|System: PC||Review Rating Legend|
|Dev: Maxis/ EA/ (Various)||1.0 - 1.9 = Avoid||4.0 - 4.4 = Great|
|Pub: Electronic Arts||2.0 - 2.4 = Poor||4.5 - 4.9 = Must Buy|
|Release: June 23, 2008||2.5 - 2.9 = Average||5.0 = The Best|
|Players: 1||3.0 - 3.4 = Fair|
|ESRB Rating: E - E10+||3.5 - 3.9 = Good|
by Nathan Meunier
The SimCity franchise has branched off in so many directions over the years it's been difficult to keep up with all the different ways building (and destroying) a virtual cityscape or micromanaging the lives of pixelated avatars (and now even their pets) has morphed and changed. The Sims spinoff series seemed to take over the spotlight for a time on consoles, handhelds, and PCs alike, but the original SimCity line has made a comeback in various forms.
EA's decision to bundle a handful of recent SimCity-related titles and expansions into a single package is indeed a bid for more of your hard-earned dollars. However, the quality of the titles and cost-effective nature of this package will be hard to ignore, especially for fans of city life simulation. If you've passed on SimCity titles for the past few years, The SimCity Box - containing SimCity Societies, SimCity Societies Destinations, SimCity 4, SimCity 4 Rush Hour, and Sims Carnival SnapCity - could very well be reason enough to dig back into the series.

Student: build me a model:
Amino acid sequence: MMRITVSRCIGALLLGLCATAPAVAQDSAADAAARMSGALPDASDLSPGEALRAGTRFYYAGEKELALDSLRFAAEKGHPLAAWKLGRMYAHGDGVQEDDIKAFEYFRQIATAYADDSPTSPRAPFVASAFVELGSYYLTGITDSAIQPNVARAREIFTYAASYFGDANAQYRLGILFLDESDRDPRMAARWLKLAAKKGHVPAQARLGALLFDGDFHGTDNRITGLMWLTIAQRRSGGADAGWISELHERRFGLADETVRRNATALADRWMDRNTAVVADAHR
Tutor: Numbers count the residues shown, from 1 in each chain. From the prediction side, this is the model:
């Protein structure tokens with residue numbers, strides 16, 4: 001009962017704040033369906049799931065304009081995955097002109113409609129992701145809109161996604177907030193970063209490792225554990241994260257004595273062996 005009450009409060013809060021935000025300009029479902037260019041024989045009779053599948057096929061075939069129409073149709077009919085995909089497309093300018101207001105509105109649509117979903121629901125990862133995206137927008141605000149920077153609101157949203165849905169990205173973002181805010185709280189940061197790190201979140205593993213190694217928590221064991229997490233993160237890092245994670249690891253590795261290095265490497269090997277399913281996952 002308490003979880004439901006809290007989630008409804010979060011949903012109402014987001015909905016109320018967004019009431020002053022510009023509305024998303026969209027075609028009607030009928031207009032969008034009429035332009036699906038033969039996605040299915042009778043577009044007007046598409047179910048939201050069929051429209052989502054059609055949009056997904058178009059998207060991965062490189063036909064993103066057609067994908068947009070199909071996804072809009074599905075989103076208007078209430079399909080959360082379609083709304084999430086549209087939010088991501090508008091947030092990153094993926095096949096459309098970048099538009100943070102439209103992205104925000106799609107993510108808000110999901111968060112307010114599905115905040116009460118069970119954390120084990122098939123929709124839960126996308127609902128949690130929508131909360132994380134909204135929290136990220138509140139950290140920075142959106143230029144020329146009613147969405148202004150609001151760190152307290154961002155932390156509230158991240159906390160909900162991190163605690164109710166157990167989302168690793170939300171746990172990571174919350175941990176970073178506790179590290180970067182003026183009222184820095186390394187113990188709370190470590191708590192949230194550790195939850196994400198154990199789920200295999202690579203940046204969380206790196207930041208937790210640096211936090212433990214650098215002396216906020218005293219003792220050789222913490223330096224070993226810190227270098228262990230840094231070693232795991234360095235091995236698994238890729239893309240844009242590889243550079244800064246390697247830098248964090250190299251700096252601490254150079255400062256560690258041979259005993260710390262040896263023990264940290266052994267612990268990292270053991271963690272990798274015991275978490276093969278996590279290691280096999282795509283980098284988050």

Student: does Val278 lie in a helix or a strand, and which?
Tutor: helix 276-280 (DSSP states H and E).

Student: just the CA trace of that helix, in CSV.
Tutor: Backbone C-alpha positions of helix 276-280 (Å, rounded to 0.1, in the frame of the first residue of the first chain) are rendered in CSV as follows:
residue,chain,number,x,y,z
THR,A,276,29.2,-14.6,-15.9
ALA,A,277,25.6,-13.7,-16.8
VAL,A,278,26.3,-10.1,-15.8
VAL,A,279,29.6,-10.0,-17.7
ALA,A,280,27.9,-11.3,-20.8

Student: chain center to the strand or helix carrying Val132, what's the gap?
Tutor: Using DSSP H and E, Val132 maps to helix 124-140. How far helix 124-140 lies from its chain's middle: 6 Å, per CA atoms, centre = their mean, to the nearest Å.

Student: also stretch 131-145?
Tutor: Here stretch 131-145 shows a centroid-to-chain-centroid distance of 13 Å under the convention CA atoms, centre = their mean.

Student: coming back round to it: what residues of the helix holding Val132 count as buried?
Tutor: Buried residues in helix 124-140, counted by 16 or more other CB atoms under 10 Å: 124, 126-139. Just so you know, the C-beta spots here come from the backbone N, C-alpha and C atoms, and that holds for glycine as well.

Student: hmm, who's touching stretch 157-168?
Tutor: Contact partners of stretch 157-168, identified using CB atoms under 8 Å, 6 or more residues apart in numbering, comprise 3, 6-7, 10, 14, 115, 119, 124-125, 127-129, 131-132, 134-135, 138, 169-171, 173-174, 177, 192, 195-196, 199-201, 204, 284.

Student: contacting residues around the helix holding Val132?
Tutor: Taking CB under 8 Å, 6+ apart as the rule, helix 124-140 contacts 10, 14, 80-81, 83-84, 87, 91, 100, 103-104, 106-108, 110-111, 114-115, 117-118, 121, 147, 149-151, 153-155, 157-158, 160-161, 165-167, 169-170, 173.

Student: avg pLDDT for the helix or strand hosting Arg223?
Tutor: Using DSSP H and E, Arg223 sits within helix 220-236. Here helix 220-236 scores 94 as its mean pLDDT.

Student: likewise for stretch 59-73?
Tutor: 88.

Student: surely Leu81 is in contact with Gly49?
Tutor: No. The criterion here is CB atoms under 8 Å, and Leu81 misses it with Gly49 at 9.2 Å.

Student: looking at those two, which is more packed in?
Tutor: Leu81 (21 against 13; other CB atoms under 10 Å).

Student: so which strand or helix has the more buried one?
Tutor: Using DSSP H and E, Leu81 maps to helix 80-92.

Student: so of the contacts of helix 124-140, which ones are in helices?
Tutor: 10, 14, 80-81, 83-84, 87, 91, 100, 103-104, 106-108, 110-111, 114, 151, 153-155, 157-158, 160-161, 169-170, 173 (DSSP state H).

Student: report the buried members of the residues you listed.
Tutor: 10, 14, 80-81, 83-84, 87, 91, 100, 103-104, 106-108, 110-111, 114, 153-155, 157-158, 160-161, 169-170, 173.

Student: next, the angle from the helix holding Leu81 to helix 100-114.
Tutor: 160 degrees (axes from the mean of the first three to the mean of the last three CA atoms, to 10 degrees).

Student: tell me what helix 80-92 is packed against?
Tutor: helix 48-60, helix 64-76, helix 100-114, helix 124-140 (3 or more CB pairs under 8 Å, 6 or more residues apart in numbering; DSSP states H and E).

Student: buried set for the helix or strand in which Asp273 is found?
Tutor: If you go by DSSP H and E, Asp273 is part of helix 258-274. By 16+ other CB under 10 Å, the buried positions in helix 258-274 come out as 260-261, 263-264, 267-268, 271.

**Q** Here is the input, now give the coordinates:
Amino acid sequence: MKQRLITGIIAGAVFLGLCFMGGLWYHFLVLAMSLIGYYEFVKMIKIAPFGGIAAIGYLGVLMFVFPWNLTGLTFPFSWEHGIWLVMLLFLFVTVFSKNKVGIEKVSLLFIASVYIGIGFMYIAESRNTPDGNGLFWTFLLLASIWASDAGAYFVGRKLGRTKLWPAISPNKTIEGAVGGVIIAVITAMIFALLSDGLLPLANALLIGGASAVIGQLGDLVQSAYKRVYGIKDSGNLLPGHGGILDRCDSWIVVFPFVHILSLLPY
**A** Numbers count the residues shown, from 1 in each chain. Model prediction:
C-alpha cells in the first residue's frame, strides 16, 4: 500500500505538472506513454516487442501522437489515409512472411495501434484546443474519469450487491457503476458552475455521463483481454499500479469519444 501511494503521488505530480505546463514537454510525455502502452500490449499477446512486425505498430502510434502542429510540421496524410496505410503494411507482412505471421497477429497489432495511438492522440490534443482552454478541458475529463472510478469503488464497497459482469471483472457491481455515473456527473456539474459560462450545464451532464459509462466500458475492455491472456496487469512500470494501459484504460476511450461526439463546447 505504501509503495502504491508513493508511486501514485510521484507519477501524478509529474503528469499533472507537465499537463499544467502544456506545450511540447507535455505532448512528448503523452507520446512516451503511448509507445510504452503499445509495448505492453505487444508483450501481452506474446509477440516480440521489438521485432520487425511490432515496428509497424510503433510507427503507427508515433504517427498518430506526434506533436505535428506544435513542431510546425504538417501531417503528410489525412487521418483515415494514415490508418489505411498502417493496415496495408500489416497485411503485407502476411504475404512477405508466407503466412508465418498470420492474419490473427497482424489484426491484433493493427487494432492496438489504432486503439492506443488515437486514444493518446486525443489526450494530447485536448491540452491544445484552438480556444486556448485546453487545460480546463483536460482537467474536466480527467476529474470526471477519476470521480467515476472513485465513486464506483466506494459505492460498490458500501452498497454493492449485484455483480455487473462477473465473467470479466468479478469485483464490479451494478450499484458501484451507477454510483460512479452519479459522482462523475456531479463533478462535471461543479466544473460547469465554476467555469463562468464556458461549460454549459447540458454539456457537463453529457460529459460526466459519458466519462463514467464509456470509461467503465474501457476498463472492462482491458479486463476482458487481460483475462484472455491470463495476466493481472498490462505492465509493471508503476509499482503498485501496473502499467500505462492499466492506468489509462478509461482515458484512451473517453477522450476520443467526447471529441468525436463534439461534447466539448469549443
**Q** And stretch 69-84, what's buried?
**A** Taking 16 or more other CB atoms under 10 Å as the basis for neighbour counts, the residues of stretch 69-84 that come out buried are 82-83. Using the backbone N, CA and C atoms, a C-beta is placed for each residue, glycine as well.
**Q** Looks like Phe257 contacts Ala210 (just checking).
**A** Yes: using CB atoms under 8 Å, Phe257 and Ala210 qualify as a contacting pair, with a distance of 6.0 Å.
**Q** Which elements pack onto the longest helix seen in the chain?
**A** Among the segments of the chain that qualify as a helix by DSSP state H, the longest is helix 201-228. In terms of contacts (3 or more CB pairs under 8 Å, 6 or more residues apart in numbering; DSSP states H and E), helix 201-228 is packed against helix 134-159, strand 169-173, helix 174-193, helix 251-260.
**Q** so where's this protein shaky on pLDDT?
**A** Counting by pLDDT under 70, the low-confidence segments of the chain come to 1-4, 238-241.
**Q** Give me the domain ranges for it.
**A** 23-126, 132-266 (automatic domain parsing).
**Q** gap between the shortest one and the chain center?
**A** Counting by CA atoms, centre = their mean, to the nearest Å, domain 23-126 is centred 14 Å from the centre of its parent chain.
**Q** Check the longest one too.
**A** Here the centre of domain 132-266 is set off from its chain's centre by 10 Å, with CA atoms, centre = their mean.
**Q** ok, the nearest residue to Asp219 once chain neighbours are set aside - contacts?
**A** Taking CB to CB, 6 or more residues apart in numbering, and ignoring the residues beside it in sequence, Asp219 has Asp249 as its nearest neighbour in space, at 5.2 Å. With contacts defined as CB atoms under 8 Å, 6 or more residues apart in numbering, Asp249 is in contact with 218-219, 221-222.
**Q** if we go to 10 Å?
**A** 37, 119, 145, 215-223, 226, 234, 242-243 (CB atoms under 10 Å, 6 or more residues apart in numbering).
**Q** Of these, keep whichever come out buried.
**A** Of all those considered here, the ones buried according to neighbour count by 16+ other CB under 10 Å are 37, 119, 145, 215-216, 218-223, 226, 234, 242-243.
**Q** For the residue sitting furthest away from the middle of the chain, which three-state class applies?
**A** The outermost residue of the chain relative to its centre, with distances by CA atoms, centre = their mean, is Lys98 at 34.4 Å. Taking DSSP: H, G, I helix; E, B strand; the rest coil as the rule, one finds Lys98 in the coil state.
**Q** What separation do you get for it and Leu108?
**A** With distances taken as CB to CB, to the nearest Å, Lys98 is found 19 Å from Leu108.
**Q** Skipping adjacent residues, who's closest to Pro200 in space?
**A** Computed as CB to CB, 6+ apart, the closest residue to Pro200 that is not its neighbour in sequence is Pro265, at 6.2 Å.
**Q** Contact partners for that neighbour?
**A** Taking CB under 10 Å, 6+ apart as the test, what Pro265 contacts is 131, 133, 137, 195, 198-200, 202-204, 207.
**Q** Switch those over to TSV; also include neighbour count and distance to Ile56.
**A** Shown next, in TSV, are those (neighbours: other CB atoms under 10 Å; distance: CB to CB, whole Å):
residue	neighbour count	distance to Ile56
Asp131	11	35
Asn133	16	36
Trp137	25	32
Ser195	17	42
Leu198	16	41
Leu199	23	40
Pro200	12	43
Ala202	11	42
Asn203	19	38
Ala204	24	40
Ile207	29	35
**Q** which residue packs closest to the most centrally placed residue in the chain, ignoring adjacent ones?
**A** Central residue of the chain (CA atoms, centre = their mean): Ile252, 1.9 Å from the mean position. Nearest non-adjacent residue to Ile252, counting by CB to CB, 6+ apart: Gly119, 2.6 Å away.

Last year, SimCity Societies reinvented the classic city management formula with mixed results. The game transitions away from a heavy emphasis on energy, transportation, budgets, and the typically bottomless level of micromanagement associated with SimCity. Instead of focusing on how big and bustling a city is, Societies lets players delve deeper into what kind of city they're making and what manner of people inhabit it. Though some money and a minor amount of energy resources are still required to construct buildings, the types of buildings you lay out determine what kind of folks move into town and ultimately the kind of city produced. Structures provide various flavors of cultural "mojo" that influence the vibe of your society.
Players are given broad flexibility to create some interesting societal landscapes in their cities. Whether your interests lean towards an authoritarian regime, a hippy-dippy farming community, a cult compound full of religious zealots, a futurist cyberpunk metropolis, or many other styles, there's something for all tastes. This streamlined style of SimCity play may not suit all, but it does make the series more accessible for players who are intimidated by the traditional gameplay. The game is easy to pickup, but it contains less depth than past SimCity titles. This can be a positive or a negative aspect, depending on who you ask.